How to Help Boost an Anorexic’s Self Esteem

One of the core characteristics of anorexia is a deep dissatisfaction with body image.

From an outsider’s perspective, it may seem like anorexia is a self-esteem issue, but the condition is far more complicated than that.

If you want to help a friend or loved one suffering from anorexia, there are certain ways you can support this person, but ultimately self-worth is something that can only come from within.

Help him or her find help.

Boosting an anorexic’s self-esteem is not your responsibility, but the best way you can help this person is to get him or her on the road to recovery with the assistance of a professional.

Trained counselors, psychologists or other mental health professionals can do the best job at helping someone with anorexia repair broken self-esteem or rebuild a sense of confidence.

This process doesn’t happen overnight and it involves treating the underlying emotional and behavioral patterns that cause anorexia to manifest in the first place.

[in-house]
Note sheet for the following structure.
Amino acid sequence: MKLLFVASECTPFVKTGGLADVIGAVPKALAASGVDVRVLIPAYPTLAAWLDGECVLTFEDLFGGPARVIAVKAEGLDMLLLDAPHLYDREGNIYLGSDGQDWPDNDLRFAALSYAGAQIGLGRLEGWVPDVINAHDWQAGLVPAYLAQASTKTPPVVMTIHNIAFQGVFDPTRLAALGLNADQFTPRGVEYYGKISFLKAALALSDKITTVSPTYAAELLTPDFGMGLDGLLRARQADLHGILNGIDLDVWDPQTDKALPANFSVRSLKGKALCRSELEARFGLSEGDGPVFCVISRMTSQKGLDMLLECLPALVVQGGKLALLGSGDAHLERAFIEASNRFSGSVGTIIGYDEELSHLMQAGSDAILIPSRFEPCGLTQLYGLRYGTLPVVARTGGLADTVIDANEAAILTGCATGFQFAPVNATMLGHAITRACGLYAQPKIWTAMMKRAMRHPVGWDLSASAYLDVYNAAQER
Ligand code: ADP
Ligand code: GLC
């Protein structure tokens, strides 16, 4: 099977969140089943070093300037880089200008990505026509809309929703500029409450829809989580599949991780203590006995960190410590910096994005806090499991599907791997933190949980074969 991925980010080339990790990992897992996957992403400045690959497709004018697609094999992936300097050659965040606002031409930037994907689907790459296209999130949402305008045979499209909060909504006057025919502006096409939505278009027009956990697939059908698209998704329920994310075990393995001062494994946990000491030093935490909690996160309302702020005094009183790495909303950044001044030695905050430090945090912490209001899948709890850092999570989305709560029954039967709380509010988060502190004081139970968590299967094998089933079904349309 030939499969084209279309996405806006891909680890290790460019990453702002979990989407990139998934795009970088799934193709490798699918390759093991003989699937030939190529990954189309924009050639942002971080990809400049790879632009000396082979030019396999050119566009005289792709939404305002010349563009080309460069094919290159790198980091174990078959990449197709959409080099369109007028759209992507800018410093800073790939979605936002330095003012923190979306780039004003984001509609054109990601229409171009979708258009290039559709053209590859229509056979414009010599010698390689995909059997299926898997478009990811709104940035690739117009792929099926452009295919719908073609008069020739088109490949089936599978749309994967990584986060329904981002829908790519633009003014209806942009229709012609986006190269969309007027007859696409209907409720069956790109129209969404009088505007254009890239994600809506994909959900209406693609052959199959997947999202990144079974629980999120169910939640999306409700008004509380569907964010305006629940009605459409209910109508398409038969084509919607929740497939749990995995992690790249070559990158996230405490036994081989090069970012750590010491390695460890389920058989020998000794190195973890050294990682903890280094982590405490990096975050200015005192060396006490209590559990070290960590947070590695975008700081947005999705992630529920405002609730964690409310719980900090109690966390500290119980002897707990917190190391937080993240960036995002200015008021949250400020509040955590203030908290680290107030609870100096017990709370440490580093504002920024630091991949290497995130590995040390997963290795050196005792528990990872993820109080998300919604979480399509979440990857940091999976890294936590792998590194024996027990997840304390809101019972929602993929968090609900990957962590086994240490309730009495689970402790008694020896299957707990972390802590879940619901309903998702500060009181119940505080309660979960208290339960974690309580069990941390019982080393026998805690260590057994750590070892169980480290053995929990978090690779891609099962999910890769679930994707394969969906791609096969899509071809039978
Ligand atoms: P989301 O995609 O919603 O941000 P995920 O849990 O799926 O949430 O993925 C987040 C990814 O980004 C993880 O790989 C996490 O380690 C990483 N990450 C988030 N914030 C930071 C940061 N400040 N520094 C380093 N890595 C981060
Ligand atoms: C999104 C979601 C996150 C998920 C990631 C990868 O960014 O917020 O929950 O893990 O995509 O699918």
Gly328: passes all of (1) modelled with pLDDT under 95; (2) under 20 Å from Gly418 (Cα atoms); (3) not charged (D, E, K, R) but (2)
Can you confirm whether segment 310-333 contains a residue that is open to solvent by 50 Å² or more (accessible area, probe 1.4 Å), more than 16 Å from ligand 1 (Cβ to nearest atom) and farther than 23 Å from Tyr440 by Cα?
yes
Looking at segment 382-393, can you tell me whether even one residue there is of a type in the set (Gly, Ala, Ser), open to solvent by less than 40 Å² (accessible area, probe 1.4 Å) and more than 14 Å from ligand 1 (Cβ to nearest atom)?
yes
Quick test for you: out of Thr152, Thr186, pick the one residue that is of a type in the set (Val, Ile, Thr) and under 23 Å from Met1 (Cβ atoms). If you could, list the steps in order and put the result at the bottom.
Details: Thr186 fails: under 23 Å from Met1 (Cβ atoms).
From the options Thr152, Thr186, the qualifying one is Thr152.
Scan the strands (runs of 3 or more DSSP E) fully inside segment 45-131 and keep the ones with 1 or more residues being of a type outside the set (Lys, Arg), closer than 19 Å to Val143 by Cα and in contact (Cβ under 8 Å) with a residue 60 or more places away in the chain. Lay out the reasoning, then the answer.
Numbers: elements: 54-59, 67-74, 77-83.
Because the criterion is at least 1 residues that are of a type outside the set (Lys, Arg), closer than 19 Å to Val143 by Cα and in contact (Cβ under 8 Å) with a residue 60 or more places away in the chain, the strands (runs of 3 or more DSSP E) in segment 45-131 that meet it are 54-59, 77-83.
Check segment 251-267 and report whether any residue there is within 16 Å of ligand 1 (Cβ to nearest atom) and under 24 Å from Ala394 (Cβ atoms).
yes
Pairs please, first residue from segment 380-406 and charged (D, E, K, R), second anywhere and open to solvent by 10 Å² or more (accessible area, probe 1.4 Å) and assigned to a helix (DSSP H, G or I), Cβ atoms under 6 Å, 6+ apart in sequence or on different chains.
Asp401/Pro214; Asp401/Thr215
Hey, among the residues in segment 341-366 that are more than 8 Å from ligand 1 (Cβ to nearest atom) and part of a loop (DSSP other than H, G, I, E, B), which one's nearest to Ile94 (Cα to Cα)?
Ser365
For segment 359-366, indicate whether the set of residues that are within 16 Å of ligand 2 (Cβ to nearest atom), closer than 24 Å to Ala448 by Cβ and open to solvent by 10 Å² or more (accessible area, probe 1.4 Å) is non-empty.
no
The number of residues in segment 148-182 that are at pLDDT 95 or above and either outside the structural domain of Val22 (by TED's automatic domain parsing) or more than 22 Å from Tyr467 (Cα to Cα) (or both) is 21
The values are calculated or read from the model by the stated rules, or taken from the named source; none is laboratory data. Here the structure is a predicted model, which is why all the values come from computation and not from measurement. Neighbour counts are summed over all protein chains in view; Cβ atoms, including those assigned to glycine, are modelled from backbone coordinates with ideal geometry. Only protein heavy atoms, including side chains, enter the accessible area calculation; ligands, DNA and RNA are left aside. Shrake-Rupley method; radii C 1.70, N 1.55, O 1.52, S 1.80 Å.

Focus on non-physical attributes.

For someone with anorexia, finding validation usually comes from how they look. Yet perpetuating this by giving personal compliments about this person’s physical appearance doesn’t help.

If you want to support this person’s sense of self-worth, focus on highlighting his or her non-physical assets or attributes.

Express how or why this person is special and meaningful to you.

This corresponds with the idea that recovery from anorexia involves finding self-esteem that is not rooted in how one looks.

Set a good example.

One area that is completely within your control is your own behavior.

Make sure to set a good example for your friend or loved one by exhibiting high self-esteem yourself.

Don’t make negative comments about your own appearance, weight or body size.

Your own healthy attitudes and behaviors will help to reflect a positive way of relating to your body that might be inspiring for your loved one.

Help Guide

Eating Disorder Self Test. Take the EAT-26 self test to see if you might have eating disorder symptoms that might require professional evaluation. All answers are confidential.

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